This city once again saw the melding of the personal and political Monday when state Sen. Sheila Kuehl presided over the marriages of six couples who have long been active in the gay and lesbian community, including Assemblywoman Jackie Goldberg.
In back-to-back ceremonies on the steps of the City Hall rotunda, Kuehl, California’s first openly gay state legislator, pronounced her close friends and political colleagues married to tears and shouts of jubilation.
Kuehl (D-Santa Monica) noted that the couples united in the afternoon ceremonies have been long-term partners. Among them were Goldberg (D-Los Angeles) and her partner of 28 years, poet and activist Sharon Stricker.
With their newlywed son and daughter-in-law standing by, Goldberg and Stricker quietly recited vows of their own to one another.
Goldberg dabbed tears from her eyes before the couple kissed and embraced to an eruption of cheers.
Goldberg is the author of AB 205, a sweeping domestic partner benefits law passed last year that goes into effect in January and promises many of the legal rights permitted to married heterosexual couples. Winning that victory was not easy, said Goldberg, who never imagined she would be clutching a marriage certificate just months later.
“It’s now the conservative position,” she joked of the domestic partner benefits law. “I’ve never been in the conservative position.”
Goldberg said that if marriage is upheld as legal for same-sex couples and her hard-won law becomes obsolete “it won’t break my heart.” San Francisco Mayor Gavin Newsom last month ordered gender-neutral marriage licenses to be issued, arguing that to prohibit same-sex marriages violates the equal protection clause of the state Constitution.
The California Supreme Court could decide this week whether to intervene to determine the legality of the marriages.
If it opts to wait, a trial court will hear evidence beginning March 29. Ultimately, the state’s high court will probably decide the matter.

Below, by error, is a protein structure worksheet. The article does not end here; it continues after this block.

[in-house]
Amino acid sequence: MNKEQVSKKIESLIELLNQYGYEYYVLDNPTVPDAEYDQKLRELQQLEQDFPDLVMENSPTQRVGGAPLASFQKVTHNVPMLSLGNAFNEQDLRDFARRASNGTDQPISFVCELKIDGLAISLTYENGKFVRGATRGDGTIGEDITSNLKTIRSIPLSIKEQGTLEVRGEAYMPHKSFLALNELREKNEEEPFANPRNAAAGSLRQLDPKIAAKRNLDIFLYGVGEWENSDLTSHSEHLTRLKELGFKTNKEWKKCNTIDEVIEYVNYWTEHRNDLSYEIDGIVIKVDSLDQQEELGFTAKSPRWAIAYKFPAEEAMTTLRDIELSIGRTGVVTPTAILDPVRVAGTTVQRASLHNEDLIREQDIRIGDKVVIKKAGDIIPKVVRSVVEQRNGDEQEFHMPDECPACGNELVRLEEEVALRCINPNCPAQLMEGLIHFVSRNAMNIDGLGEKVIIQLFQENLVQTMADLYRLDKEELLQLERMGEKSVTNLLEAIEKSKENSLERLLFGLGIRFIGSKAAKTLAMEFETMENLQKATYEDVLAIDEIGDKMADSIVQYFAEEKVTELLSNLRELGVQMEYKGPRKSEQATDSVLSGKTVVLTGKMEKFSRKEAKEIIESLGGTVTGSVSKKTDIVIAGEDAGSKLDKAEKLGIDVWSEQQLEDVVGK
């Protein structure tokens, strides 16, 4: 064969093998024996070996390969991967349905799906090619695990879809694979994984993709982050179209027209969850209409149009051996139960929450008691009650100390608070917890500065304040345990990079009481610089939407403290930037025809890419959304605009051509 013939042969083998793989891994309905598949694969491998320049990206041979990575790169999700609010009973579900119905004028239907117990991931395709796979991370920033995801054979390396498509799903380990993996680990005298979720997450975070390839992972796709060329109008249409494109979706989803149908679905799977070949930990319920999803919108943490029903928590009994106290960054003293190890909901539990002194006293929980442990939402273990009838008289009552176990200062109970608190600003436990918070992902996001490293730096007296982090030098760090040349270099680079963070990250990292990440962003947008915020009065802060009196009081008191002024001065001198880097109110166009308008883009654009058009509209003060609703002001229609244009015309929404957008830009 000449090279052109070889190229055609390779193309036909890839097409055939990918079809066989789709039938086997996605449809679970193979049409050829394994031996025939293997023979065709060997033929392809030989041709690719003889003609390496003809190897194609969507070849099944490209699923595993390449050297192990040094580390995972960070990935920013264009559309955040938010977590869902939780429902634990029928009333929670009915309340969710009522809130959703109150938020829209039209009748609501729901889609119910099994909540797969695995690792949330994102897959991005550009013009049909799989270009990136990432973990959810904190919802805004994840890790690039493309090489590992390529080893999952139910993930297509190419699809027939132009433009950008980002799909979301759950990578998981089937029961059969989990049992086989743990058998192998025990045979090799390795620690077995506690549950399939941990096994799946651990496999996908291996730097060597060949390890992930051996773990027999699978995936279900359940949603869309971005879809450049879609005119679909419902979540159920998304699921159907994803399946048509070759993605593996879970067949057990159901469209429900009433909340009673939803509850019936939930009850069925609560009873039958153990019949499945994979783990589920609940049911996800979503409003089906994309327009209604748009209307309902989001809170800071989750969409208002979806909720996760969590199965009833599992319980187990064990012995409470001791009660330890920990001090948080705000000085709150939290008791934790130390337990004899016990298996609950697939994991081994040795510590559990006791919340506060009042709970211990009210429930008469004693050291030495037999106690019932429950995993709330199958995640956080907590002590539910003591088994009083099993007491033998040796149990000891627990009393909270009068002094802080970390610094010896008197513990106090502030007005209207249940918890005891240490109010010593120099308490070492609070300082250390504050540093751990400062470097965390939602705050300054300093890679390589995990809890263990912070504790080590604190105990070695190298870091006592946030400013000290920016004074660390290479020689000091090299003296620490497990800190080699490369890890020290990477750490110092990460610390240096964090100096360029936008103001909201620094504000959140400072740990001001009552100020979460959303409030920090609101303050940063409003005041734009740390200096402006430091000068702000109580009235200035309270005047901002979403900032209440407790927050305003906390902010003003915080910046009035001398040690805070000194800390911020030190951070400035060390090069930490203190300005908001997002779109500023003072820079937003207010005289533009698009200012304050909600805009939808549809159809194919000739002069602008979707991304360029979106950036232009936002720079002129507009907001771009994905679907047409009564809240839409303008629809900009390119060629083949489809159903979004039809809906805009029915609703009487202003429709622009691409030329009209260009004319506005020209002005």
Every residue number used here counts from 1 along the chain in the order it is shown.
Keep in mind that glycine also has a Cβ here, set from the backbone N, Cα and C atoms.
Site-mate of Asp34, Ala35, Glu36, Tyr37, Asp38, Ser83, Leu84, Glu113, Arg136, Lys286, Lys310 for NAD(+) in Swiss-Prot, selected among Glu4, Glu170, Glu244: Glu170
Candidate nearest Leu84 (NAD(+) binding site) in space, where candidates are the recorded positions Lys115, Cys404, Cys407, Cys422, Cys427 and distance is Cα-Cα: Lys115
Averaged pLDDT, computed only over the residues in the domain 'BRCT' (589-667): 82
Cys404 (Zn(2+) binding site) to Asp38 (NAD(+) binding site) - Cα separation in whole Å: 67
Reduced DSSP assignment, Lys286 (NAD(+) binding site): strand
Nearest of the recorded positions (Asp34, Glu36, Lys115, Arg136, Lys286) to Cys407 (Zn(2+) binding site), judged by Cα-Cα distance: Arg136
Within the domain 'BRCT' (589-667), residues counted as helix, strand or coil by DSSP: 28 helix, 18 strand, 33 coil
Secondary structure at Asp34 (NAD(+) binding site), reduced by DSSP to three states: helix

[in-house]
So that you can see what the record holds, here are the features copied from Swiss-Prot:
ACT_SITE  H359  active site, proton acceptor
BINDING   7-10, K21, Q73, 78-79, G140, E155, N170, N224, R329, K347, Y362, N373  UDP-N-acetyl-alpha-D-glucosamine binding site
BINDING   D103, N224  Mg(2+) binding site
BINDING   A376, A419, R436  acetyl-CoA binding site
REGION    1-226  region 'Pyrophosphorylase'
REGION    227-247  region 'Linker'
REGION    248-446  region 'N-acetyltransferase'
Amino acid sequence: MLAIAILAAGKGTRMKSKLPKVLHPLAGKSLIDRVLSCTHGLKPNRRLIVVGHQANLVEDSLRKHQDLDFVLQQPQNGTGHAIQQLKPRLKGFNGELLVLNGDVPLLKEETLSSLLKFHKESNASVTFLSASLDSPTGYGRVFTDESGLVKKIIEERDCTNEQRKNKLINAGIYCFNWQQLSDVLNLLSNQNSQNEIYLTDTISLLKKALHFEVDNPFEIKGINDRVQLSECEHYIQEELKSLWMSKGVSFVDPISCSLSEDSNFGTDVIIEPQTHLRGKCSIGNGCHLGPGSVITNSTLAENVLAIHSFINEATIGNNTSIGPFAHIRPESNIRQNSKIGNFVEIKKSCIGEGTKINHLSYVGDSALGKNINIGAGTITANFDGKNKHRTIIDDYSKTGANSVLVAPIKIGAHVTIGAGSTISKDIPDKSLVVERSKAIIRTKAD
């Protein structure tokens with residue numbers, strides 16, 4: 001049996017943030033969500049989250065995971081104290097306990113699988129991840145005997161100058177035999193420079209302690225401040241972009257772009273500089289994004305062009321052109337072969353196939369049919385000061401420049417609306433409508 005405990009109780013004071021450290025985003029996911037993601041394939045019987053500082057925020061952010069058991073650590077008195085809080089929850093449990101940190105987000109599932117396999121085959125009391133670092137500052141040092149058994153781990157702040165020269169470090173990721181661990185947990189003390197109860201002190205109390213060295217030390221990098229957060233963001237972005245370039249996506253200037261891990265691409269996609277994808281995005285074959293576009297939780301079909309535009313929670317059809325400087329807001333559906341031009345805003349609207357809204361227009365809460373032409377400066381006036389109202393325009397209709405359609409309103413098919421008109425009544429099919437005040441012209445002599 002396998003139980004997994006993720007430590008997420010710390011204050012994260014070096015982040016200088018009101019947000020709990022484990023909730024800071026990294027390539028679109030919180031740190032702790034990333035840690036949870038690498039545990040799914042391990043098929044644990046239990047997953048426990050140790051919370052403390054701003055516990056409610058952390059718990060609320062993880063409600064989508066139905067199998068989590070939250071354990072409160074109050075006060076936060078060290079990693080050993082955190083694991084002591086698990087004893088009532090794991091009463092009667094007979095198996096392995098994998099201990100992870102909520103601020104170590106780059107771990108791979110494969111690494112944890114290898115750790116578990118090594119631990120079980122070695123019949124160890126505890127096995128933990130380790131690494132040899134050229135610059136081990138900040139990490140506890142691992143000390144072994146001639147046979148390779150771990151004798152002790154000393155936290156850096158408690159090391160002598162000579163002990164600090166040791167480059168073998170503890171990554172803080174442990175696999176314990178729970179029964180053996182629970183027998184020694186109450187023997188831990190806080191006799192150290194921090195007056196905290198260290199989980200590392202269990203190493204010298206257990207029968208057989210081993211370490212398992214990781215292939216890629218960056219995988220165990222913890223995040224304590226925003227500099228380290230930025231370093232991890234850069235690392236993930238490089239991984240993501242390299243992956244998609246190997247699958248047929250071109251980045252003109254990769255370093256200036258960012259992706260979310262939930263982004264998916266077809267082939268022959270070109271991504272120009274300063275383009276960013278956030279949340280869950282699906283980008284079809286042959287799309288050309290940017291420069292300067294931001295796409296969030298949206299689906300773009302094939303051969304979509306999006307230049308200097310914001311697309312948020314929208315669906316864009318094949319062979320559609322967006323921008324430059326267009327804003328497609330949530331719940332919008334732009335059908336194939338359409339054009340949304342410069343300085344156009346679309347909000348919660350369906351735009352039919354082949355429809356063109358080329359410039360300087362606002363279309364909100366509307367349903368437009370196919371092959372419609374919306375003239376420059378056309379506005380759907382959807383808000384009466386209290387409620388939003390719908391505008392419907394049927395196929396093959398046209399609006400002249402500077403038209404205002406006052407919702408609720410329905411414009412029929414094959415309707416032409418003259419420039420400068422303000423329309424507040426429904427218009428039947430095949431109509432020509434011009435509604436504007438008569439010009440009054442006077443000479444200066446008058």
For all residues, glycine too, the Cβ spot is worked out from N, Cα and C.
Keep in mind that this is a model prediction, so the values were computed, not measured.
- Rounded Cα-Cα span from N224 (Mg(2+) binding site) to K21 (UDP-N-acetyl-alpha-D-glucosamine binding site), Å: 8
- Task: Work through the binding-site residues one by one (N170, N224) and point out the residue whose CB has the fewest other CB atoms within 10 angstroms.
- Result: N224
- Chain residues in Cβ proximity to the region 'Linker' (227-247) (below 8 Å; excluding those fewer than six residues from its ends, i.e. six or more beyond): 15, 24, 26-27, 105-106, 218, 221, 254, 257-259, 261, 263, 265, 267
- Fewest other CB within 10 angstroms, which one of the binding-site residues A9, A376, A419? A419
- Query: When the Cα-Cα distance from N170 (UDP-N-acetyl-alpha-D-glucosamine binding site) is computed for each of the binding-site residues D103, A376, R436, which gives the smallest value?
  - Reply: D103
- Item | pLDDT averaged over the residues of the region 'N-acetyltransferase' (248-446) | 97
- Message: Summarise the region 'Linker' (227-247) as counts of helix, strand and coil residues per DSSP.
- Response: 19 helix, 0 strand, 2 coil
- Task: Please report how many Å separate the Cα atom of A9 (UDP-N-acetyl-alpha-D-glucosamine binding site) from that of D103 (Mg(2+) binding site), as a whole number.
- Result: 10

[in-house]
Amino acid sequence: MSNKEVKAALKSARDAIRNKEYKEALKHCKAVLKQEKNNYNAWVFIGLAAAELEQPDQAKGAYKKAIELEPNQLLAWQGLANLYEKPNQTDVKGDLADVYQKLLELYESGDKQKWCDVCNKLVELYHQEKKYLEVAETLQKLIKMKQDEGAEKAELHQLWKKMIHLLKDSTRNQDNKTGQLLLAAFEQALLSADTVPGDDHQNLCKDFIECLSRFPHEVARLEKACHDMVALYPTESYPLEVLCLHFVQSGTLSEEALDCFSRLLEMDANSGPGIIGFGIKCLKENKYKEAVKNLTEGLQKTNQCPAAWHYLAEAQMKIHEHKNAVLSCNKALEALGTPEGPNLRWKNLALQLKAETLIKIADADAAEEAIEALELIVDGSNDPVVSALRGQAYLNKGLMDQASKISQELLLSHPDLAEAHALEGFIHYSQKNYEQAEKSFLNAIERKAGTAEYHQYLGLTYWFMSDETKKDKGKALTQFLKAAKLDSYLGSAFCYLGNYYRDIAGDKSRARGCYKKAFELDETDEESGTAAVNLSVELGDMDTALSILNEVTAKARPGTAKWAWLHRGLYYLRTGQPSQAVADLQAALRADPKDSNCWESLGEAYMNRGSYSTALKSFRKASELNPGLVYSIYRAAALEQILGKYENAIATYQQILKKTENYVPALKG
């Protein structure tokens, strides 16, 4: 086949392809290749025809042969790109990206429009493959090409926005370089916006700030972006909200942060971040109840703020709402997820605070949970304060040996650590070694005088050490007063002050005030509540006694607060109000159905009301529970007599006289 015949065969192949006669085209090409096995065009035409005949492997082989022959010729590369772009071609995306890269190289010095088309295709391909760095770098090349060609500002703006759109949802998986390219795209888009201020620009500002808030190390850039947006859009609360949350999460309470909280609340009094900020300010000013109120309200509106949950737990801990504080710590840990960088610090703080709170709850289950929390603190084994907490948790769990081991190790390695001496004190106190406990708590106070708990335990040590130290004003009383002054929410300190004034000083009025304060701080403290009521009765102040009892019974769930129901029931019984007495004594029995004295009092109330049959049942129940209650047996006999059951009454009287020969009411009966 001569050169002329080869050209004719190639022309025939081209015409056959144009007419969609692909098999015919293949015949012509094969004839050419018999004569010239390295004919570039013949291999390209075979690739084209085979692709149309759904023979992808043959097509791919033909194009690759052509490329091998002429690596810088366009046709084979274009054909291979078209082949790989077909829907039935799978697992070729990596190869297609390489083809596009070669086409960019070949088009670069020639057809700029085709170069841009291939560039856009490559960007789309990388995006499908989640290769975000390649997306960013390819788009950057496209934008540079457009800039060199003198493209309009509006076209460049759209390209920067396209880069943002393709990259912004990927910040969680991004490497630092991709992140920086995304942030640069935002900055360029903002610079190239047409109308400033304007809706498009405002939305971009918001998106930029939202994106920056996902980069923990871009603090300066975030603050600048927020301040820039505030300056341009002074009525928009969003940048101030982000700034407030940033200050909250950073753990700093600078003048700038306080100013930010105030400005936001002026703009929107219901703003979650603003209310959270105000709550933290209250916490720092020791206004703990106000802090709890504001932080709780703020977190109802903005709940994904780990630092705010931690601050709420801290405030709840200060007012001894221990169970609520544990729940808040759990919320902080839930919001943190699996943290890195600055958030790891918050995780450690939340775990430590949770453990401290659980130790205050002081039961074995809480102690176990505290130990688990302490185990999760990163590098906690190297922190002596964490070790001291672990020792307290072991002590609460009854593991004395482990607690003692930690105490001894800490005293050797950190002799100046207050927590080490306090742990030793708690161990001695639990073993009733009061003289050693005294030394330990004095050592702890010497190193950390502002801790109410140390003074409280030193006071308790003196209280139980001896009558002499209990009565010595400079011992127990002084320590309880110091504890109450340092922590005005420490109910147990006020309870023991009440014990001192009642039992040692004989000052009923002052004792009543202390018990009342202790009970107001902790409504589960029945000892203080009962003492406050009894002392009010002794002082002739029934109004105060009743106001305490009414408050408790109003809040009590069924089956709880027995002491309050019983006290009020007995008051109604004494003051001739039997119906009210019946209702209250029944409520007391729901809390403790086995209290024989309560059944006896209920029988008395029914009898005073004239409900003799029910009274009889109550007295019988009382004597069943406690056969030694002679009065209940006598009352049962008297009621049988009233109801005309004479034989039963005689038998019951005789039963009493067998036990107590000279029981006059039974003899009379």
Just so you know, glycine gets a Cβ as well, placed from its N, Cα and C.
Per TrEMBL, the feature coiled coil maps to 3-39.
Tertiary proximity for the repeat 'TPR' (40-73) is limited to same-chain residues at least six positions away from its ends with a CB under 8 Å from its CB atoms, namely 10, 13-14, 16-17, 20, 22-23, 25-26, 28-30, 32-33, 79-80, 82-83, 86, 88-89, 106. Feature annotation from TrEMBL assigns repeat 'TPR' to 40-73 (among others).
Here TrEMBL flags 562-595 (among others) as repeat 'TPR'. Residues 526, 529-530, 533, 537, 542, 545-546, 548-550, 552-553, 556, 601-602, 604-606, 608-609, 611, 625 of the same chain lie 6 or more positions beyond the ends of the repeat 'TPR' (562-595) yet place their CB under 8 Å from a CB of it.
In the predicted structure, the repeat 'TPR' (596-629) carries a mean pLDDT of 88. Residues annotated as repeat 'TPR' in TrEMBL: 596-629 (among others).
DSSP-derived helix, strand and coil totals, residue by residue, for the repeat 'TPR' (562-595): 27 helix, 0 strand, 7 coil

“In my heart of hearts what I hope is that the California Supreme Court and the U.S. Supreme Court recognize that equal protection is equal protection,” Goldberg said.
Goldberg and Stricker met 28 years ago when both were schoolteachers with socialist leanings. Together they formed a study group on school desegregation to learn from the experiences of other cities, and then co-founded the Integration Project to push their agenda.
“Once we met, we knew,” Stricker said of their love. But she said they never imagined marriage as possible for their generation. “It just seemed too far off,” she said. “The struggles we had seemed too basic -- having a child, being accepted in the communities where we lived.”
The other five couples married by Kuehl on Monday are all close friends of the legislator. Among them were Torie Osborn and her partner, Lydia Vaias. Osborn is executive director of the Santa Monica-based Liberty Hill Foundation and former director of the Los Angeles Gay and Lesbian Center and the National Gay and Lesbian Task Force.
The other couples were: Jehan Agrama and Dwora Fried; Patti Giggans and Ellen Ledley; Barrie Levy and Linda Garnets; and Avi Rose and Ron Strochlic.
Assemblyman Mark Leno (D-San Francisco) attended Monday’s ceremonies to deliver a blessing in English and Hebrew to the six couples. Leno last month introduced a bill that would allow gay marriage in California by replacing the words “between a man and a woman” with “between two persons” in the family code section that defines marriage.